What is PIM and how it enables your business

A PIM solution can integrate data from the ERP, CRM and any other product- or customer-related platform used by the business. For companies using Dynamics 365 Business Central, Pimics is special among PIM systems because it works directly on the ERP data so that it offers additional synergies, plus no data exchange between Pimics and ERP will ever be necessary. See our article for a set of compelling reasons why you should consider using Pimics.
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What is PIM and how it enables your business
posted 29.03.2021
Sergiu Iscu
Sergiu Iscu
Article Author

What is PIM? According to Wikipedia, PIM (Product Information Management) is the “process of managing all the information required to market and sell products through distribution channels”. 

Is that an all-encompassing definition? Well, not really. Because it doesn't take into account the all-important qualitative factor brought into the equation by PIM systems. After all, you can manage the information required to market and sell your products just by using Excel, home-brewed data aggregation solutions, many scattered information sources and a lot of people doing a lot of manual work. But that doesn't mean you are doing it efficiently, or that this can even be economically viable. 

A PIM solution can integrate data from the ERP, CRM and any other product- or customer-related platform used by the business and deliver efficiencies and data quality advantages that make it a must-have for any business managing more than 1000 SKUs and/or wanting to sell online. For companies using Dynamics 365 Business Central, Pimics is special among PIM systems, working directly on the ERP data so that it offers additional synergies, plus no data exchange between Pimics and ERP will ever be necessary.

Ecommerce is becoming sine-qua-non

Ecommerce grabs a larger slice of the retail business each year. There is no denying that fact, and there is no surprise in it. COVID-19 only accelerated that trend, as people turn in larger numbers to ecommerce as a safer and easier way of purchasing the items they need. 

Here is how emarketer.com summarises ecommerce evolution for pandemic year 2020: “Despite a challenging year for retail in 2020, we estimate that worldwide retail ecommerce sales grew 27.6% for the year, for a total of $4.280 trillion. This represents a substantial uptick from our mid-pandemic assessment of 16.5% growth. However, total worldwide retail sales declined by 3.0%, to $23.839 trillion.” (Global Ecommerce Update 2021 - Insider Intelligence Trends, Forecasts & Statistics

As a natural consequence of the rising ecommerce tide, today's requirements concerning product information have moved beyond specifying basic features and functions. Of course, these details are still important, but product content must be complete and compelling. Ecommerce customers want to see a convincing story before they add the product to the shopping basket. With several websites selling the same thing, aside from price and availability considerations, the winner will be the one offering the most complete customer experience.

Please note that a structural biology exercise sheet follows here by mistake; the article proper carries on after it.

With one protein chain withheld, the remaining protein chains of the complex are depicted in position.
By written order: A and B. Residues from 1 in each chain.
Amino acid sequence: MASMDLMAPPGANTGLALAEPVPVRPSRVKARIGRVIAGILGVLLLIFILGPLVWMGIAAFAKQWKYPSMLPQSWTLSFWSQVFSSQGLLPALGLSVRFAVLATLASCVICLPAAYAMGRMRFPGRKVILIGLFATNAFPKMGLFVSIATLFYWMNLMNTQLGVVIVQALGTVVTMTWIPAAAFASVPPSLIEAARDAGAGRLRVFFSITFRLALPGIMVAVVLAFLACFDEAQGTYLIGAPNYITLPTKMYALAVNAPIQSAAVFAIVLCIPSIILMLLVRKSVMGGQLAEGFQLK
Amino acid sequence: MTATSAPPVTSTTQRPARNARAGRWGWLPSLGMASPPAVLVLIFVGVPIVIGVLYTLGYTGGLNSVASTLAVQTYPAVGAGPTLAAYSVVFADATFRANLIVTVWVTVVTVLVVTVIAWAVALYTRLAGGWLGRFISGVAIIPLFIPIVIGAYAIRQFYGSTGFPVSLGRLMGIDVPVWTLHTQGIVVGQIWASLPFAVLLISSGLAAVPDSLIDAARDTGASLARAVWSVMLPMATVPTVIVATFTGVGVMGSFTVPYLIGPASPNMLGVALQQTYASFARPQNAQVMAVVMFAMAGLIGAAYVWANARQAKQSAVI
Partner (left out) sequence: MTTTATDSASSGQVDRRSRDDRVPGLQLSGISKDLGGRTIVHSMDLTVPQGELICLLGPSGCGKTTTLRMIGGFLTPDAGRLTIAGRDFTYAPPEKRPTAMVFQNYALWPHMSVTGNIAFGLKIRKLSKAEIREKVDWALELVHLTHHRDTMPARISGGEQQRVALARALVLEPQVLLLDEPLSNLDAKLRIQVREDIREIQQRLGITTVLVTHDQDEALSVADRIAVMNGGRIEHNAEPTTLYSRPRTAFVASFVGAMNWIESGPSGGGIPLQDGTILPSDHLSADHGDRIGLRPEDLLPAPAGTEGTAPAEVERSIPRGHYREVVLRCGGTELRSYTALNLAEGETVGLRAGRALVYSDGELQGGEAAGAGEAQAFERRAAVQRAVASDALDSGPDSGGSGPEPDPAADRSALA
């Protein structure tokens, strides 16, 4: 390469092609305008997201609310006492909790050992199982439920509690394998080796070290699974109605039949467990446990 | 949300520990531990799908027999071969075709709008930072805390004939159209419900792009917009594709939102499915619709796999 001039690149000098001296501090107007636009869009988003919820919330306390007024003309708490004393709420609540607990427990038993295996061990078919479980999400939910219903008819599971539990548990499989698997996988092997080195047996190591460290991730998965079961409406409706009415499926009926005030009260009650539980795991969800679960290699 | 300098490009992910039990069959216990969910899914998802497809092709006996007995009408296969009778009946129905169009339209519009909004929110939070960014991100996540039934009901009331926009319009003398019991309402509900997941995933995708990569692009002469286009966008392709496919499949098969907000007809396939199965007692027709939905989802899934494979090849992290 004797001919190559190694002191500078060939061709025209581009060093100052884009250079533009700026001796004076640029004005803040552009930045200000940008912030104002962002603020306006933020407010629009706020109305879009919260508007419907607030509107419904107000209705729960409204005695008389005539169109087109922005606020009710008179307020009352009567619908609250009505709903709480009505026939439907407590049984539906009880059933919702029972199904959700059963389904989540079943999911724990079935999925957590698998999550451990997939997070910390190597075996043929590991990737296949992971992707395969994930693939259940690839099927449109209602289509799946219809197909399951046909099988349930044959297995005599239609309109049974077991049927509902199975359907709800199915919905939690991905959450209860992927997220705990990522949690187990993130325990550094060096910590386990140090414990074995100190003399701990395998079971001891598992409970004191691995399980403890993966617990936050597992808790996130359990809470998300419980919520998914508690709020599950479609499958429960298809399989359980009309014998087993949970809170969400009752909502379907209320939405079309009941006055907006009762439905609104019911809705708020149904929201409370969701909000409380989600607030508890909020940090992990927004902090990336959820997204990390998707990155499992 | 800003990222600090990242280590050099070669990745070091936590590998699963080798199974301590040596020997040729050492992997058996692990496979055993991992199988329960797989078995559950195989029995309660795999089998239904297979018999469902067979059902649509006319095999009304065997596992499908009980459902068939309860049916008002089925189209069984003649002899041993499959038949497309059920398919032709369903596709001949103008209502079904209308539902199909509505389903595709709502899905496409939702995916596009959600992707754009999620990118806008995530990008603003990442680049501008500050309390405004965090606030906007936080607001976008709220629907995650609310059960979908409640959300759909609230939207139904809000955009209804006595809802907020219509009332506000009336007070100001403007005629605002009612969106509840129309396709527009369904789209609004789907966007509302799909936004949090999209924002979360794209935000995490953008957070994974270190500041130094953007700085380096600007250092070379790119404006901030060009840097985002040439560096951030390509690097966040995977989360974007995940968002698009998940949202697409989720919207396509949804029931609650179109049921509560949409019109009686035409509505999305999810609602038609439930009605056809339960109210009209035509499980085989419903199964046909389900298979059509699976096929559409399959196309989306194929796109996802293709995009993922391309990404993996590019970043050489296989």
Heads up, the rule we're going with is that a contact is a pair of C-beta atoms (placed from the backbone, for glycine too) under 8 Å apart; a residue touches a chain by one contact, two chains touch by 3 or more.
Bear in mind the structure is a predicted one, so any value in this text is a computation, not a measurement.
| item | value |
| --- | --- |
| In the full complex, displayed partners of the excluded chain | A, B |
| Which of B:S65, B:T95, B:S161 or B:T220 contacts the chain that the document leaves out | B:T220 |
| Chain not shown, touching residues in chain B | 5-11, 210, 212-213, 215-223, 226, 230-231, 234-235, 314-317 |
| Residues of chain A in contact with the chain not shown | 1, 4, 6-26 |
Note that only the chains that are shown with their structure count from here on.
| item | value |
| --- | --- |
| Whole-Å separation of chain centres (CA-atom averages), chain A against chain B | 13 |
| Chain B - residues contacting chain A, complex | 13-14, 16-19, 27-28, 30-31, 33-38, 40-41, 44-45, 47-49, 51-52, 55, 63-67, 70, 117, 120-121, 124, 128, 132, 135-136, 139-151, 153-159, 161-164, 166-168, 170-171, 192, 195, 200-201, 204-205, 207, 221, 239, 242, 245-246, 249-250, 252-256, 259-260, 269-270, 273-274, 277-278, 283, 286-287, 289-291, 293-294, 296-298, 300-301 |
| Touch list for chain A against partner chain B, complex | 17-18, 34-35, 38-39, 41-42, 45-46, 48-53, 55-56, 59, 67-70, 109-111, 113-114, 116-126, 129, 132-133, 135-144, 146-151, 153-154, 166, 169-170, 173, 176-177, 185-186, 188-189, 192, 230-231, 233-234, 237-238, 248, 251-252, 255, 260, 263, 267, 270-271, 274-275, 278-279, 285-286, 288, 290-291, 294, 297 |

Customers like to make informed purchase decisions. If they buy online, you should give them all the information they need in order to choose your products. Plus, the product information must be consistent across online sales and marketing channels, as well as traditional offline channels such as printed catalogues or brick-and-mortar stores. At the same time, the way information is presented should be well adapted to each sales and marketing channel to take advantage of the particular strengths each channel has.

To PIM or not to PIM

If your organisation is not already using a PIM system, there are a few useful questions to ask yourself before you consider going the PIM route: 

  1. Do we have a wide product range with a complex product data set? 
  2. Does our organisation have an increasingly hard time managing this product range? 
  3. Do we need standard classifications for our products? 
  4. Do we need to streamline importing a big volume of product data from our vendors? 
  5. Are there multiple versions of data within the organisation for the same product? 
  6. Do we have accuracy or consistency issues when presenting product data to our customers? Do we need automated data consistency checks? 
  7. Is our time-to-market (much) longer than we would like? 
  8. Do we want to diversify our sales/marketing channels? Do we have a hard time coping with the complexity of updating all these channels? 
  9. Do we want to diversify our geographies and need to keep product data in several languages? 
  10. Do we want to increase our online customers’ satisfaction and have fewer returns? 
  11. Do we want to keep up with modern ecommerce and offer a rich experience to our customers?

The questions above are just as many reasons to seriously consider using PIM. You can ignore PIM systems only if the answer is “no” to all these questions. Otherwise, you can see our article on what Pimics is about, or start calculating the Return On Investment offered by Pimics. It is time to change for the better! 

Sergiu Iscu
Sergiu Iscu
Article Author
Tags PIM | PIM

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